The musical isn’t a failure because it’s an adaptation. Adaptations need liberty to work in their adapted medium. The Wright/Stoppard Anna Karenina is the most recent daring but successful adaptation. Les Mis cherry-picks, as it should, the 1400-page novel. But in perspective Les Mis : Les Misérables :: Jesus of Nazareth : The Gospels.
For all Hathaway’s triumph, her 10-minute arc is a petite misérable compared to Hugo’s Fantine, whose decade-long descent through loss of love, loss of child, toil, abuse, starvation, prostitution, and tuberculitic death is an utter horror. Likewise for every character, but especially Valjean who is so engulfed in his own hatred and sanctification. Every character is a misérable, and Hugo’s illumination of suffering and grace rivals Tolstoy’s. What West End musical could grasp such an idea?
I’m angry that Les Mis gets pride of place over Les Misérables. Am I being reasonable about this? No. Total failure of nuance on my part. Blast. But it would be just as easy to write The Divine Comedy the Musical.
More reflectively for the final contention, I wonder how deep-set the redemptive hooks are. I get that if we look for good it’s a constructive exercise. Jason Hood finds sympathetic themes. Is the redemption of the film overwhelming? There are troubling implicit themes needing careful work.
There could be a whole article on ‘I Dreamed a Dream’. Has anyone unpacked what this song means and what it does? Necessary exercise.
The line about ‘to love another person is to see the face of God’ isn’t Hugo. None of us would congratulate a student for this as a conclusion. It’s humanist wash on a boy-gets-girl-back-while-savior-dies ending.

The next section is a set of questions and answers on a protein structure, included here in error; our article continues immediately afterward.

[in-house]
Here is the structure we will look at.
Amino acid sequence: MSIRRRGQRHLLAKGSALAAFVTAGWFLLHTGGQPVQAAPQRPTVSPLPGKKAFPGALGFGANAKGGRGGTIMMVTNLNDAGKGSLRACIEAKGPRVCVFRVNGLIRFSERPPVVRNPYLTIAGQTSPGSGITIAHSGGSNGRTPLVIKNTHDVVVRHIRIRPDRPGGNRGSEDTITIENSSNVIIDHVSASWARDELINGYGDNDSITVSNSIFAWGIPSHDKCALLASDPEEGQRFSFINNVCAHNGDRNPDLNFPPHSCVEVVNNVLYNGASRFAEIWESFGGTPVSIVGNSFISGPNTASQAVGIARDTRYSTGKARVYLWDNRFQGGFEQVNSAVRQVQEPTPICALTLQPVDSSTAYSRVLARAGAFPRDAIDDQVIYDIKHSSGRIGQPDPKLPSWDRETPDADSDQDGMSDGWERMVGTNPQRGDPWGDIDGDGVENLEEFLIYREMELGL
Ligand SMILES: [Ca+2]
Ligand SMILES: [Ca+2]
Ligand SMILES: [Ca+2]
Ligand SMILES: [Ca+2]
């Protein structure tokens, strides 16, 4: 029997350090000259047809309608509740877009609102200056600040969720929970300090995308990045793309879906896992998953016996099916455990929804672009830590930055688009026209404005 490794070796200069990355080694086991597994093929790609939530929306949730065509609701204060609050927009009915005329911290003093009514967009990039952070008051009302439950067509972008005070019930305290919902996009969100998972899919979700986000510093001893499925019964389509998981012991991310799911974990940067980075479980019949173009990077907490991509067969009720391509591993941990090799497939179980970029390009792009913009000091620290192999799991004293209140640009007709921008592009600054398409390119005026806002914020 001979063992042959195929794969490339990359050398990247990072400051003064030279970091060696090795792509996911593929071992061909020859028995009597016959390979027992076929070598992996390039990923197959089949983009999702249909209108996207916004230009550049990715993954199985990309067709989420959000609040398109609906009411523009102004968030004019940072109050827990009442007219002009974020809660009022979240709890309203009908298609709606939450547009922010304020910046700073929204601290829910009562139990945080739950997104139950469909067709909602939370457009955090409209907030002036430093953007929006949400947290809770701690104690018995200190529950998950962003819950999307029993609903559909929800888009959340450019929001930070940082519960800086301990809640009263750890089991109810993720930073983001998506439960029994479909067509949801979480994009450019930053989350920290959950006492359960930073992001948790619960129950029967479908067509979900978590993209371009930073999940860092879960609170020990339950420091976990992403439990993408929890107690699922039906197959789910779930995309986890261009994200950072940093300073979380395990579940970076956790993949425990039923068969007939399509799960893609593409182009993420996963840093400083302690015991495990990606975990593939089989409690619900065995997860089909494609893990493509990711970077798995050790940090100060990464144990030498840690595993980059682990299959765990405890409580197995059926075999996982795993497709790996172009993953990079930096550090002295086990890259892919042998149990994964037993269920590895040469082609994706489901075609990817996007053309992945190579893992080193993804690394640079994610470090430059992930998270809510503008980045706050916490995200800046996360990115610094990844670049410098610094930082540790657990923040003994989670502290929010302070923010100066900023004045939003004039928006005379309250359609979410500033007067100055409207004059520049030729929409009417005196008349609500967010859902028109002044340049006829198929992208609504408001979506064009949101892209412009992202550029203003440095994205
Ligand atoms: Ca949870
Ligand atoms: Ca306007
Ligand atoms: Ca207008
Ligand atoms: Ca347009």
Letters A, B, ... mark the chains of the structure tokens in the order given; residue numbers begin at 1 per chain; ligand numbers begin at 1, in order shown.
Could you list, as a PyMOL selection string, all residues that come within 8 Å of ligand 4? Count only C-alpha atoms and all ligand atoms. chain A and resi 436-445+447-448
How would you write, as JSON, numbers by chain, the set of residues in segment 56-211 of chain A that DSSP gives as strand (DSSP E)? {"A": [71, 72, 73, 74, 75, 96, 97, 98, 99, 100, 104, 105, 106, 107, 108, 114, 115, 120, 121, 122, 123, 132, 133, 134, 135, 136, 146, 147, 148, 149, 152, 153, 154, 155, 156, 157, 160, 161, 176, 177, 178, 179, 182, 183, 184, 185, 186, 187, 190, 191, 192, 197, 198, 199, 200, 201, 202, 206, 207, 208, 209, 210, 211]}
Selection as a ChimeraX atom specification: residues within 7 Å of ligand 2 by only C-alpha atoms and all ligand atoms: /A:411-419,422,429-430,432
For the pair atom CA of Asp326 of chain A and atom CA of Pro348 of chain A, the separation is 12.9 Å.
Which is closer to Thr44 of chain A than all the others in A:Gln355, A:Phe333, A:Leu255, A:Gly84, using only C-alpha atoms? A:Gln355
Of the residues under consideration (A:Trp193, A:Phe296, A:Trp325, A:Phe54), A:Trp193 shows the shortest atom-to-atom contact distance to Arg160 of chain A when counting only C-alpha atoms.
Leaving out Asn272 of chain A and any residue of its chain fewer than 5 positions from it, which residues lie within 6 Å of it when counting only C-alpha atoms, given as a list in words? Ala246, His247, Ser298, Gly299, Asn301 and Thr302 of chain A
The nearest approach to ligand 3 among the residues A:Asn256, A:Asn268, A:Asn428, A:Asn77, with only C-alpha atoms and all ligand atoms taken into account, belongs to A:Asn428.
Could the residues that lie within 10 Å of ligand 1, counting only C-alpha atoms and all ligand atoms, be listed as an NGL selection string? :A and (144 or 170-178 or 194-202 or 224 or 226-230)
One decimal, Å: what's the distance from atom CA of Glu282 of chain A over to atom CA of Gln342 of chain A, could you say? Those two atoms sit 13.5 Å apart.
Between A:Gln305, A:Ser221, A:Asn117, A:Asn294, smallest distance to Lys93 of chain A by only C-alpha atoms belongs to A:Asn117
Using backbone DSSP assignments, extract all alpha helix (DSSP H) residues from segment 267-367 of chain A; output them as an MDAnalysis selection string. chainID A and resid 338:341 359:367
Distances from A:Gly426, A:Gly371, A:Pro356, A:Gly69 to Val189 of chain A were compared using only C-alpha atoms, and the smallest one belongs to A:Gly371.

Who are the good guys, really? The profligate monarchy? The deposed bloody Republic? No, we stand on the barricade and lift our posthumous voices with the radical socialists. Hugo had no such illusions, and the polis isn’t the point: “What are the convulsions of a city in comparison with the insurrections of the soul?”
I’m more of a snob than I like to be. “There’s always a petard in a seminary fellow.” But I’m not a scoffer the likes of Anthony Lane, whose criticism tempts me. I wanted this film to succeed. In our jaded age, we need good music that stirs deep emotive responses to beauty. It really is something to sit in a theatre when nearly everyone is crying, but performances that stir emotive responses aren’t proof we have beheld the beautiful. Justin Bieber can do that. “Artistic peoples are also consistent peoples. To love beauty is to see the light.”
This film is a good movie and a visual triumph, but I wonder what it might have been. This film is a flawed adaptation of a mediocre musical adaptation of one of the greatest novels of all time. The film might make you cry. The book will change your life. Don’t go see the movie again, start reading the book.
Fr Micah Snell has a day job writing a PhD on theology and Shakespeare at the University of St Andrews’ Institute for Theology, Imagination and the Arts. You too can join the very exclusive cadre of his Twitter followers.